And that’s only city-wide, nationally the entire United States seems to be going through a tech boom, “Tech firms in October hired between 15,300 and 20,700 workers (depending on who’s doing the counting), marking roughly two straight years of hiring growth in the industry, according to two new employment reports. So far this year, tech industry employment has increased by 193,900 jobs, 28% higher than the same period in 2021,” states a recent article from ComputerWorld. As exciting as this is, tech news hasn’t all been positive. While yes, the industry is currently in an upswing, this comes after a five-month “slide” in job listings and overall growth. 

Austin Distel, Unsplash

When weighing the pros and cons of becoming a tech hub, it’s also important to look at the demographics of who exactly tech companies are employing. Since yes, the boom sounds like a good thing leading to equal opportunities for all, in reality, that isn’t always the case. According to an article released earlier this month on Zippia, as of 2021 “7.9% of the total US labor force works in tech” and out of that percentage, only 26.7% are women, with men making up 73.3% of job in the tech industry. The stats when it comes to race and ethnicity are even more skewed, with 62% of jobs being held by White Americans, followed by Asian Americans at 20%, then Latinx Americans at 8%, and lastly Black Americans accounting for only 7% of jobs in the tech industry.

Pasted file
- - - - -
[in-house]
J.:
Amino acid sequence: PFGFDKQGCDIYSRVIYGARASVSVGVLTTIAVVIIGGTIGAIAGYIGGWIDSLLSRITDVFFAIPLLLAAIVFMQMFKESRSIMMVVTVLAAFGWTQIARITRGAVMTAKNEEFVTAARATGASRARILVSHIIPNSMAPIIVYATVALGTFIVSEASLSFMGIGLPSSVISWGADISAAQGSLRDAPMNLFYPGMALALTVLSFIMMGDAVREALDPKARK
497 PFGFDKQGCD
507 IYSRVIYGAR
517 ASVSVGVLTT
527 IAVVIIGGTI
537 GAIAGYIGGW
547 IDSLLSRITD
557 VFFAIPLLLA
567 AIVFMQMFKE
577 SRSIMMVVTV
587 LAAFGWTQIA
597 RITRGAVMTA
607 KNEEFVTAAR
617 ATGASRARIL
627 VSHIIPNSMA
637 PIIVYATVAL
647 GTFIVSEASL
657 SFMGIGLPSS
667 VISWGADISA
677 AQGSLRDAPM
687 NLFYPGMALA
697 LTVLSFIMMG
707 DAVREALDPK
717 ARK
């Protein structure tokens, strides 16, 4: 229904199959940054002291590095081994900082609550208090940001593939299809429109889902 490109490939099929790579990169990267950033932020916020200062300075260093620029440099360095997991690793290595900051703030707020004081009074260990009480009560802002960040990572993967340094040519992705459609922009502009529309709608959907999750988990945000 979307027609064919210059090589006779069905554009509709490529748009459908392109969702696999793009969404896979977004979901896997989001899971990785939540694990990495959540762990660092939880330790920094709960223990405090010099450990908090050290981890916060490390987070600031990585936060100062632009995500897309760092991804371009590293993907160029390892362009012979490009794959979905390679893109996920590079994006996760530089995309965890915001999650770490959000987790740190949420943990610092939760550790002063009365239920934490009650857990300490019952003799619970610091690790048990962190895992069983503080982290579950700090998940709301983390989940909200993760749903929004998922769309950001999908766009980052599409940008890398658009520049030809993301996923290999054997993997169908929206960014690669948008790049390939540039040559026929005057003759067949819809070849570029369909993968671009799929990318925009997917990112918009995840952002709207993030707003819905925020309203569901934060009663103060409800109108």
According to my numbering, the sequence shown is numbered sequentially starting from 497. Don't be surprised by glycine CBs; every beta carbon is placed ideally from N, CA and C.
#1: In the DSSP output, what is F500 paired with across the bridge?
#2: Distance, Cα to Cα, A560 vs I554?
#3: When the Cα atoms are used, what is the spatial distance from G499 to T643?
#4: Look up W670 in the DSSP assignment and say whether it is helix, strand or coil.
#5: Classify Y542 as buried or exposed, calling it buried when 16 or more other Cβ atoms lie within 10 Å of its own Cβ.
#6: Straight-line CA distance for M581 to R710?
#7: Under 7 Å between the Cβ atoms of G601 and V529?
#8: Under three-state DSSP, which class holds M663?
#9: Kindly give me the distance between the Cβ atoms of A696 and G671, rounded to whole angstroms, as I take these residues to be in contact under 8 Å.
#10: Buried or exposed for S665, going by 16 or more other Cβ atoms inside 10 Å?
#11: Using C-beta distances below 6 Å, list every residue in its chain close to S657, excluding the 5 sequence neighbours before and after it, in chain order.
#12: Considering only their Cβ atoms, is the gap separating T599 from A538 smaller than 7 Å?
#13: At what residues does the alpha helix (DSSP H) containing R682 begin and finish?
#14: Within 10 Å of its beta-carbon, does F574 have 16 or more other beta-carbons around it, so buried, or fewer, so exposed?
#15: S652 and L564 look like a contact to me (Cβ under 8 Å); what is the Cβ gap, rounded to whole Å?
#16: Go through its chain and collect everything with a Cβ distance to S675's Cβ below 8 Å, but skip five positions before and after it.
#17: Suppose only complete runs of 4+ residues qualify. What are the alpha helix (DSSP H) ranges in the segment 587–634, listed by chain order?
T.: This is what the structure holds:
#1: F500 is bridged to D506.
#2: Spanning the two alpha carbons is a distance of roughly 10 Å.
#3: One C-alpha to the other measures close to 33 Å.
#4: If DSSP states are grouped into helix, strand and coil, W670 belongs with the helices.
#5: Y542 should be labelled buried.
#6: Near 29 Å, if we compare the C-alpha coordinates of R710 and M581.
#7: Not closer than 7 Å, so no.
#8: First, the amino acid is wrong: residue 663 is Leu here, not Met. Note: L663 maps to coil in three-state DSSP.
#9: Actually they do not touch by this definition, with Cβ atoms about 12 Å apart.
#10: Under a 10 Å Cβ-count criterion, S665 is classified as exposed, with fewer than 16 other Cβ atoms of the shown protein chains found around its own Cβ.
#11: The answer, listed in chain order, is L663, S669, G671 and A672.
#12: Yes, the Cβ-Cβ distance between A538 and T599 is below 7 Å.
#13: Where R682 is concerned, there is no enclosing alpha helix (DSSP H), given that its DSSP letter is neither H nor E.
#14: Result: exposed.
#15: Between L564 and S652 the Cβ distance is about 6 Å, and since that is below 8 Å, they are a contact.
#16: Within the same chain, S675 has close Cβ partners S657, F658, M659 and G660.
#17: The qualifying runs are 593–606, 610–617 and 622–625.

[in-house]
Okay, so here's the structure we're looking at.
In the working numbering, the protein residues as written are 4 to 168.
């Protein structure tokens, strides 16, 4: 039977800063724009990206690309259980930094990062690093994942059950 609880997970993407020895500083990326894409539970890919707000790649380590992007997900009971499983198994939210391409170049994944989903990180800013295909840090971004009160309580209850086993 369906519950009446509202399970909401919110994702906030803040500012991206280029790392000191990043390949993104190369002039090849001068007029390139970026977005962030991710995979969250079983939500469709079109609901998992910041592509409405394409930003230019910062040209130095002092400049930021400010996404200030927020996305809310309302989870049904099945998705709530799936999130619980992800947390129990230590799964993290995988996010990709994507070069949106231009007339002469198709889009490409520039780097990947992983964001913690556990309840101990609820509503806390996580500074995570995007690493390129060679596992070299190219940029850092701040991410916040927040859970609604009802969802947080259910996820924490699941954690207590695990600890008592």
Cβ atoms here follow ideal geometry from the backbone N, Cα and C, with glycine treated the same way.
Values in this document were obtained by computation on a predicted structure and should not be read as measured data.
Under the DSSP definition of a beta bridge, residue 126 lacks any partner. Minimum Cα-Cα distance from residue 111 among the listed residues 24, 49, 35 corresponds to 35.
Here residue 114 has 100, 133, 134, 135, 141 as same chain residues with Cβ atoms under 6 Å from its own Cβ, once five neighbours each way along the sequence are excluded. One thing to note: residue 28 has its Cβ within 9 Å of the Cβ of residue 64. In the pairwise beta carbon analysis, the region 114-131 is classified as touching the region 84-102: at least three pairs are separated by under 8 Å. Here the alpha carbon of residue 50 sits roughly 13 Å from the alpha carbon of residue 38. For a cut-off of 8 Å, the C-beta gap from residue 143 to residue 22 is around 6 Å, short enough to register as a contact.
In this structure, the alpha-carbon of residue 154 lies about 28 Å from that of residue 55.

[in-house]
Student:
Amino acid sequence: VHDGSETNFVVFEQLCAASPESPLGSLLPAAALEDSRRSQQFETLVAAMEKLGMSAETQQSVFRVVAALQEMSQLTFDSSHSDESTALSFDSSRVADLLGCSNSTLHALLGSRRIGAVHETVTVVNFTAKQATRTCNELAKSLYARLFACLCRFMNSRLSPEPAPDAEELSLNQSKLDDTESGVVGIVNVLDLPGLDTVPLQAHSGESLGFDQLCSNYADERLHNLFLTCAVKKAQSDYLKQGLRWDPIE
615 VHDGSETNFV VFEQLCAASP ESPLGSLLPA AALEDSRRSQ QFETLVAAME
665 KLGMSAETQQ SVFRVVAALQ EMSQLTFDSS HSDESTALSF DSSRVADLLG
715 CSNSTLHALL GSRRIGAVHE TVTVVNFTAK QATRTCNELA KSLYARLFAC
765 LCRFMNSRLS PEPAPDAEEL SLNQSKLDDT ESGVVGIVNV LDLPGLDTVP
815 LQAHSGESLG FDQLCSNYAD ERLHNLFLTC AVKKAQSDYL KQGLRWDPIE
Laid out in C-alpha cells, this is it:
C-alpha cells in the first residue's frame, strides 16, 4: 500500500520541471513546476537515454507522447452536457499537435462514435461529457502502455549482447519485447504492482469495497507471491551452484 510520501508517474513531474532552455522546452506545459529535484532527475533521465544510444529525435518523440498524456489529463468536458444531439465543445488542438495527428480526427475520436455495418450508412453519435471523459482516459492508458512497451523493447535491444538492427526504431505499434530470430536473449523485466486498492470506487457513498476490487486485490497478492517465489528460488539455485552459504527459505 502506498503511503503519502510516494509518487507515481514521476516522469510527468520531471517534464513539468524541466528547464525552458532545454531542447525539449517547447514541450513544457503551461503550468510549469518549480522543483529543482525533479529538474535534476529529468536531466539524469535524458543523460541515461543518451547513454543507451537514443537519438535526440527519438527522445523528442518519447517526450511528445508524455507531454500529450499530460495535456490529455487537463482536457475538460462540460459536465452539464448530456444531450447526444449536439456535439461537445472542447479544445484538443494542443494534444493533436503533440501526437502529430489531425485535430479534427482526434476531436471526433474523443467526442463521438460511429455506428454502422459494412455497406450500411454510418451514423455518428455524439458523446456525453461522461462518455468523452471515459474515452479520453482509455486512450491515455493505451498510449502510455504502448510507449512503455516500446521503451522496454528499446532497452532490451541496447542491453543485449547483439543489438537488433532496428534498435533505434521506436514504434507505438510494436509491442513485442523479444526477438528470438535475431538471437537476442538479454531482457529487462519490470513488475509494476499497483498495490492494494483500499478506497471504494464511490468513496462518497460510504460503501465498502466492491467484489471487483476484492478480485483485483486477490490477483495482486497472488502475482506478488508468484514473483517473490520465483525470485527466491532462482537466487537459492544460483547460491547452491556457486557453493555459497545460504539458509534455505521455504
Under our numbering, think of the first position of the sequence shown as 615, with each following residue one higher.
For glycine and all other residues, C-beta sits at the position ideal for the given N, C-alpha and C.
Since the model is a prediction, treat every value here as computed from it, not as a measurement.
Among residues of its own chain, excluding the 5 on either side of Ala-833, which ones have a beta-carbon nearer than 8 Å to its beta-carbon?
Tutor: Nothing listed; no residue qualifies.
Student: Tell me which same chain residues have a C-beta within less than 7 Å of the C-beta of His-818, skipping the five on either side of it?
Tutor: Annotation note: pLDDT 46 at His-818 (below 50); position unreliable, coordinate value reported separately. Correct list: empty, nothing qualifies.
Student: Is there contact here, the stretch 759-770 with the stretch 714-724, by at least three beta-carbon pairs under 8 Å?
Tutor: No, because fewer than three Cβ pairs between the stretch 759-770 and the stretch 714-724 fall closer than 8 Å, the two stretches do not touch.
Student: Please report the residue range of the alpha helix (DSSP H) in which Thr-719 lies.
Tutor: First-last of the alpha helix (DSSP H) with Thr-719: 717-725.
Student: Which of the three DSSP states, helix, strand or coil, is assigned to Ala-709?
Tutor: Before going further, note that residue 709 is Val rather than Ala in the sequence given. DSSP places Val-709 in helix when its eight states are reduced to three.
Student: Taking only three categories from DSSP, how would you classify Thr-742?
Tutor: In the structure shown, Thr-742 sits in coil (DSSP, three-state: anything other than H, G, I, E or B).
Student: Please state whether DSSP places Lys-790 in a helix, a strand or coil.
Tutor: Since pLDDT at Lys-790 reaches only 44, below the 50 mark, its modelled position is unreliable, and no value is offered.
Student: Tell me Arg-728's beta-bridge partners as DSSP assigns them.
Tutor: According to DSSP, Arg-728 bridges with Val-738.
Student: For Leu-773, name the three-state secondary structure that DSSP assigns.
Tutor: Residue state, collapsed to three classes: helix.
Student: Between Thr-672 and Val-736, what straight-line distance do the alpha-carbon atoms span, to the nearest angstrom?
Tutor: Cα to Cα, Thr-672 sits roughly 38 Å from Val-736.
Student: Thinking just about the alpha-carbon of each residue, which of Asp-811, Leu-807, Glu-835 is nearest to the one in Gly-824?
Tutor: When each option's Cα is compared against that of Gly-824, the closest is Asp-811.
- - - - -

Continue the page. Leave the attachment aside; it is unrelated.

Even though BIPOC citizens are less likely to work in the tech field, this doesn’t mean they’re less likely to live in a Tech Hub city. Places like Austin, Seattle, and San Francisco are often praised for their diversity, but if BIPOC aren’t seeing the pros (I.E. the monetary benefits that would come from being employed by a tech company) all their getting are the cons. This plays a huge role in gentrification, as the prices around the city go up, which ends up pushing people who can’t afford cost of living, disproportionately BIPOC, out.